Goodbye Timothy Klabunde

Prometheus plays its last date with violinist Klabunde, and it was a memorable concert indeed.

By - Apr 22nd, 2015 03:23 pm
Prometheus Trio: pianist Stefanie Jacob, violinist Timothy Klabunde, cellist Scott Tisdel.

Prometheus Trio: pianist Stefanie Jacob, violinist Timothy Klabunde, cellist Scott Tisdel.

The Prometheus Trio—Stefanie Jacob, piano; Scott Tisdel, cello; Timothy Klabunde, violin—has been an important musical presence in Milwaukee for fifteen years (ten in this combination of artists), and it was a bittersweet occasion hearing these friends play their last concert together with Klabunde. As I listened, I let my alleged mind run to its own destinations, and the image of single-malt Scotch whiskey kept floating up. Just so we’re clear, I am a teetotaler. But there was a metaphor in my mind, that these musicians are smooth, filtered through the peat of experience, barreled in the oaken cask of friendship, and pour out their music splendidly to the listeners like angels were dancing in our ears.

Their program opened with Franz Joseph Haydn’s delightful Trio in G Major, Hob. XV: 41. This is extremely happy music. Even the plaster roses on the ceiling of the Helen Bader Recital Hall at the Wisconsin Conservatory of Music looked rosier for the sweetness of the melodies. Jacob was the star of this piece. The first-movement Allegro had a trill-filled melody that she delivered with such charm and radiance, it was impossible not to smile. The second-movement Menuet was a stately dance colorfully decorated with ornaments, again beautifully executed by Jacob. The melody in the trio section was played with conviviality by Klabunde. Haydn was otherwise entirely economical with the string parts, relegating them to an occasional imitation of the piano line in the violin and a lot of simple highlighting of the chord structure in the cello. Jacob’s graceful playing in the Adagio carbonated the tender melody. The Finale: Allegro flew by with joyous spirit. Jacob offered virtuosic playing throughout.

The second work on the program was the Piano Trio No. 3, Wayfaring Stranger, composed by Milwaukeean Daron Hagen. I loved the trio’s performance of this tremendously moving work. The hymn Wayfaring Stranger has been adapted by everyone from Johnny Cash to Emmylou Harris to George Crumb to the Mormon Tabernacle Choir, so the musical canvas was wide open for creativity. Hagen’s gentle hand gives his trio an American flavor with a unique tenderness and grace with occasional hints of Samuel Barber, Ned Rorem and Aaron Copland. The effect was compelling. The opening, Mazurka: Gracious, pleasant & charming, was all that. The Mazurka was an undefined dance in a lilting 7/8 meter; the pulse emphasis changed so smoothly that listeners quickly had to give up looking for the beat and simply enjoy the “gracious, pleasant, and charming.” The second movement Theme began with an Appalachian-like demonstration of the Wayfaring Stranger hymn that become an impassioned musical plea and then ended as warm and soothing as a prayer. The movement marked Fandango: Strictly was completely engaging and had a distinctly cinematic quality—picture a highly suspenseful scene, perhaps with Scarlett Johansson clad in black, that features a lot of sneaking about, danger, and derring-do—this was perfect music for it. Aubade & Variations is a charming set of short variations on the Wayfaring Stranger theme that move from sweet to declamatory and then fade away to a melancholy close.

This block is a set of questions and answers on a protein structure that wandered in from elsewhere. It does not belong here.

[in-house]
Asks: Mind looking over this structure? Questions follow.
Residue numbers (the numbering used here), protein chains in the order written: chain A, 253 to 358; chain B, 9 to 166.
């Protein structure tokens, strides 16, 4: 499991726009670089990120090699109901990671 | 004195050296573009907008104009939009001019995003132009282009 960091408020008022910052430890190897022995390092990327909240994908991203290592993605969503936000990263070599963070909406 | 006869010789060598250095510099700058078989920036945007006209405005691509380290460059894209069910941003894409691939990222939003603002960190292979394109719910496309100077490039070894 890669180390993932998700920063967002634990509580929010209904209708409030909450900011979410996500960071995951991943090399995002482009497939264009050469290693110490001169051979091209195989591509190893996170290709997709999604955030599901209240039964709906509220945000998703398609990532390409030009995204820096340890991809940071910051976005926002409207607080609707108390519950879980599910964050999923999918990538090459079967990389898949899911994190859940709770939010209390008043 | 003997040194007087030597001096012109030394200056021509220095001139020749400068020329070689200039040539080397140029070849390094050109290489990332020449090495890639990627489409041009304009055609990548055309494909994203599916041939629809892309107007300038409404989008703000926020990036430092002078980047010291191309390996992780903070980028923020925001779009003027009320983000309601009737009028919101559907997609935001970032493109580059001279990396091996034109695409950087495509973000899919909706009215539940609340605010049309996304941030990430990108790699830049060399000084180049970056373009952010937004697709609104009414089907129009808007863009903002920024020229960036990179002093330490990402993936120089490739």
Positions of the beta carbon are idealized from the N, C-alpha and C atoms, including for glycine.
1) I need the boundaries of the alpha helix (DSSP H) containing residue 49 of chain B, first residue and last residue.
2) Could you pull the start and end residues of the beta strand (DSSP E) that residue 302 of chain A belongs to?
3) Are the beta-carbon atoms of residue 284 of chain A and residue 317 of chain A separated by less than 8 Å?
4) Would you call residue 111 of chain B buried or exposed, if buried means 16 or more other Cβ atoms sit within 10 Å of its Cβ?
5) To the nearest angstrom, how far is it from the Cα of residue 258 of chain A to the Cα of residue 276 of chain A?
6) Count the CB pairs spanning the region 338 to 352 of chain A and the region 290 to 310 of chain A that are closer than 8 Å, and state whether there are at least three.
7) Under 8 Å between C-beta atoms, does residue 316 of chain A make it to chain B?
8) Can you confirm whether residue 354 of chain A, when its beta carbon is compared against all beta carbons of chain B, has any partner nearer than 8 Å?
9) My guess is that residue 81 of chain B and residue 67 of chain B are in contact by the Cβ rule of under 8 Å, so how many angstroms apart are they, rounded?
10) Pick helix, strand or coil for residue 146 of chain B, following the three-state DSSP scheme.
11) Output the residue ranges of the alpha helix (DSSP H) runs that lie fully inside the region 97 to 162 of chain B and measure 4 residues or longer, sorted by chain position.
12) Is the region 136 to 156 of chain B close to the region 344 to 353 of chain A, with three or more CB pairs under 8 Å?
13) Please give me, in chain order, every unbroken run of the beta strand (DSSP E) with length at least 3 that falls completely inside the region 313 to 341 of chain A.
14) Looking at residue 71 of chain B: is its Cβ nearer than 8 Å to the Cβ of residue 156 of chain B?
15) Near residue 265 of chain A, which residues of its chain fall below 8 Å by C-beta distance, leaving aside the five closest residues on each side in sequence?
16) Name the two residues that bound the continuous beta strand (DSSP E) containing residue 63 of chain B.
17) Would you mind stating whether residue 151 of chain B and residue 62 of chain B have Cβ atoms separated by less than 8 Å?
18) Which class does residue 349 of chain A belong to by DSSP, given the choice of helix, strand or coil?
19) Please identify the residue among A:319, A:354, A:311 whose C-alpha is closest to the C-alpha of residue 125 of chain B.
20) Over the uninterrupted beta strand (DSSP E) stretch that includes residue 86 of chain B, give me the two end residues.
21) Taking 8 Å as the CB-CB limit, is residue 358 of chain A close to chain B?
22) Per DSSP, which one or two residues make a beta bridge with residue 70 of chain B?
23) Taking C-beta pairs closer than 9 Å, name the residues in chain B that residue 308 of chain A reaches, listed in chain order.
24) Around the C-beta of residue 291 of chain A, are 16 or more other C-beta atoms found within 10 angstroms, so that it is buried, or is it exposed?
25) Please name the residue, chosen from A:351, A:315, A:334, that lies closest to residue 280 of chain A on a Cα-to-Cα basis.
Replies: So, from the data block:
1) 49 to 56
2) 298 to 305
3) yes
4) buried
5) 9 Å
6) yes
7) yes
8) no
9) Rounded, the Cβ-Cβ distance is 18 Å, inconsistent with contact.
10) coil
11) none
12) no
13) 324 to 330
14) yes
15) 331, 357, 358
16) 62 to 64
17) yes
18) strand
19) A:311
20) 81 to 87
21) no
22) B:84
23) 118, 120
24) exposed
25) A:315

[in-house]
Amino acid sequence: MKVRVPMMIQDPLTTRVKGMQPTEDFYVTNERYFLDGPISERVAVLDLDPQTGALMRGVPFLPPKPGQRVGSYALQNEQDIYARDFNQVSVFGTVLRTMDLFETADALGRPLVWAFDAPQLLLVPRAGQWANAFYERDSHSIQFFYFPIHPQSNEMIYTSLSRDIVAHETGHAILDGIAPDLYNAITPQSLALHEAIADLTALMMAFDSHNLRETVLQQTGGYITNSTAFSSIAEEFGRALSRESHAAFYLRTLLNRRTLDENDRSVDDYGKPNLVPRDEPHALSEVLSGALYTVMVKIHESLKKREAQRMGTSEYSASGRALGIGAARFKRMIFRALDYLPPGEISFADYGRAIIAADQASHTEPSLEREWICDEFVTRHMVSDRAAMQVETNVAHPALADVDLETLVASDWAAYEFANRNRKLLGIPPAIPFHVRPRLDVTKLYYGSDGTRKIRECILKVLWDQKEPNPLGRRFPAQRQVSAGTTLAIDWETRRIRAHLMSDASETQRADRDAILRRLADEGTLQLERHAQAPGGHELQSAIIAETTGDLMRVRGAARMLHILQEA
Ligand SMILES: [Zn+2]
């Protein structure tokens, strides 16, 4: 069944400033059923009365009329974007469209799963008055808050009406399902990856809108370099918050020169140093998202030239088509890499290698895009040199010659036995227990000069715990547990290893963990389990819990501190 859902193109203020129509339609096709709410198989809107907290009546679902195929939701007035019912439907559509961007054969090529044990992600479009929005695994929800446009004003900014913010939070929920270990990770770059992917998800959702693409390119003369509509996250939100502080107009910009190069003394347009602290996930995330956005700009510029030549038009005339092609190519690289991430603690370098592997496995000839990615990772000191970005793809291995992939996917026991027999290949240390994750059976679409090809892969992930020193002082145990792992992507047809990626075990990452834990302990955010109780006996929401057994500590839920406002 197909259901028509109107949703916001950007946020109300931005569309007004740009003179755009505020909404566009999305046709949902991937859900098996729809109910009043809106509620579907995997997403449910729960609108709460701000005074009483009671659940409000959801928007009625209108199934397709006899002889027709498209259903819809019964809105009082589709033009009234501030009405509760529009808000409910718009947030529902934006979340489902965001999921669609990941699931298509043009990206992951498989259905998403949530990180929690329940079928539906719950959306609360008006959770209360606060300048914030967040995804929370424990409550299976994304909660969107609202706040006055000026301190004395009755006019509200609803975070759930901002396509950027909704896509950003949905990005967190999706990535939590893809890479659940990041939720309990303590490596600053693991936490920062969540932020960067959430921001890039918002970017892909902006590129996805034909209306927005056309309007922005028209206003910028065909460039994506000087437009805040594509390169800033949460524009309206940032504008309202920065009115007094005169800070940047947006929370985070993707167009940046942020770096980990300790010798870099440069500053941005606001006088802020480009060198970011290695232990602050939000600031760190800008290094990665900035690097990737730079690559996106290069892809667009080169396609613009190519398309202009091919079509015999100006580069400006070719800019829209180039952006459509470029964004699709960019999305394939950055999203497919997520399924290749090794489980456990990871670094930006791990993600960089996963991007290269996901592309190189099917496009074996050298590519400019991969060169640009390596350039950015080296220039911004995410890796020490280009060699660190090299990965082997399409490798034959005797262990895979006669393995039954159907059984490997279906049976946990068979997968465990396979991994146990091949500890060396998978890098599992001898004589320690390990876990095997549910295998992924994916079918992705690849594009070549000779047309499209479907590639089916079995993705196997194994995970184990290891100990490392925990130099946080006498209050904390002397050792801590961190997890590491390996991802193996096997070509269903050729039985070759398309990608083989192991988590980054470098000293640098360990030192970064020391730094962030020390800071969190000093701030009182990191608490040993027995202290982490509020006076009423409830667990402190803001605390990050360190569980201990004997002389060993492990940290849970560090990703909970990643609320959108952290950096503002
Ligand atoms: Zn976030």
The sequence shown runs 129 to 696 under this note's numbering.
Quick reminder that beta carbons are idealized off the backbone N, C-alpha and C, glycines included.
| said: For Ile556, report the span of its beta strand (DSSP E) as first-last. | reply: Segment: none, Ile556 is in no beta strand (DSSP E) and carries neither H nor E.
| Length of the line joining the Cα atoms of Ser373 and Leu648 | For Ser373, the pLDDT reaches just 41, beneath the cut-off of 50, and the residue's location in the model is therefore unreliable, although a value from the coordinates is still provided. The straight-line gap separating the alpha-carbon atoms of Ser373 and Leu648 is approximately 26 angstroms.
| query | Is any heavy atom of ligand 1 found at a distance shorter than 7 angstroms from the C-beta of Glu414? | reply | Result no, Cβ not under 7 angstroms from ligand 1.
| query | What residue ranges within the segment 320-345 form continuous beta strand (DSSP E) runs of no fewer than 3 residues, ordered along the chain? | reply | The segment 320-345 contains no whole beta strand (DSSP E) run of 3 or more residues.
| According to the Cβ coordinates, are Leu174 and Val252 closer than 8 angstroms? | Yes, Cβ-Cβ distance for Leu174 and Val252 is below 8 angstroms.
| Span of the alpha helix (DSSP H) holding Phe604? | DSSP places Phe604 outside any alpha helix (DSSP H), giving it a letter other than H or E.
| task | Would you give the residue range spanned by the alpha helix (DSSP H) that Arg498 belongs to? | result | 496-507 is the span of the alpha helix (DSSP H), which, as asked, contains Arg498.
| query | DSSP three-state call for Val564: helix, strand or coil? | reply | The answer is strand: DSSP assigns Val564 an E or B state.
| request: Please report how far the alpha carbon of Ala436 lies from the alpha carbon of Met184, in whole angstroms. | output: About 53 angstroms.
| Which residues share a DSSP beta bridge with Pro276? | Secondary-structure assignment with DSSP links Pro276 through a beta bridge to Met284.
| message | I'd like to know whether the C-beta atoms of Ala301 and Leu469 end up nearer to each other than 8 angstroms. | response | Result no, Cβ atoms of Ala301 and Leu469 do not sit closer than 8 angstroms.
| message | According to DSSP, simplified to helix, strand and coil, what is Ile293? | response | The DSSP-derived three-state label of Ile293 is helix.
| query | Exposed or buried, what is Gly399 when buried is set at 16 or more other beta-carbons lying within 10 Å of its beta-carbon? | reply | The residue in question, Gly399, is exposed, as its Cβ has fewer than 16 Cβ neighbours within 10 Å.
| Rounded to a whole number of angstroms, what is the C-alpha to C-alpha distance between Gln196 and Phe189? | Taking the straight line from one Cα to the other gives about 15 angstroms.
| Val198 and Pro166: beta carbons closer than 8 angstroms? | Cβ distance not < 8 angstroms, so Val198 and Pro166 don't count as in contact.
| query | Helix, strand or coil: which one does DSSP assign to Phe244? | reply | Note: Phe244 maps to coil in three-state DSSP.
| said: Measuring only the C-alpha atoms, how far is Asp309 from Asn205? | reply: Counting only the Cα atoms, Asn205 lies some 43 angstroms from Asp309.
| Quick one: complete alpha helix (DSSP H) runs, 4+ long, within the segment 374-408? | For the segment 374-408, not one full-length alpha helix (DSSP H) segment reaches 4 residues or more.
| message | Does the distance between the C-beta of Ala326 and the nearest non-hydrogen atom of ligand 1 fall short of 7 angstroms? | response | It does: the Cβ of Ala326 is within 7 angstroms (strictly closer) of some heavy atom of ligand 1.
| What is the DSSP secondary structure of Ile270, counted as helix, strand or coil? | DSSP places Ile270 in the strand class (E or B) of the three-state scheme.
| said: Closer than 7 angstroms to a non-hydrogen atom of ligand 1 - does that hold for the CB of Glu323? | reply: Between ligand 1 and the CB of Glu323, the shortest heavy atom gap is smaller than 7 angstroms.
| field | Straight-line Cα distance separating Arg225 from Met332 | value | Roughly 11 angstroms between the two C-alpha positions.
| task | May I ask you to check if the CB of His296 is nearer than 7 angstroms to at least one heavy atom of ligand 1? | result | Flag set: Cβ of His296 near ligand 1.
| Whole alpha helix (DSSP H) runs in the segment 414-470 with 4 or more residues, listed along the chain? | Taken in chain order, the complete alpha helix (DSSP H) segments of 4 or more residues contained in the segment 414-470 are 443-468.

Tisdel played the work with his usual aplomb including a passage with some ridiculously impressive harmonics. Jacob directed phrases with sensitivity, power, and heartfelt pulse. Klabunde played beautifully throughout. His generous musicality and energetic violin playing were in top form.

After a slightly distracted Jacob straightened Tisdel’s suit collar to her satisfaction, the second half of the program was devoted to an absorbing trio version of the Brahms String Sextet No. 1 in B-flat Major, Op. 18 arranged for piano trio by Theodor Kirchner. The string sextet of Brahms is a keystone of string chamber music. Hearing it in this version is no less satisfying than the sextet, and it gave the trio many opportunities to show their formidable chamber music skills.

Ten years together as an ensemble has imbued in these three a musical camaraderie that is a treat for audiences. At once intimate and welcoming, their music making was a pleasure, as though these friends had us into their living room to play Haydn, Hagen, and Brahms not for the notice but for the love of it. Congratulations to Klabunde, we shall miss his playing with the group, and bravo to the Prometheus Trio for a memorably pleasurable evening.

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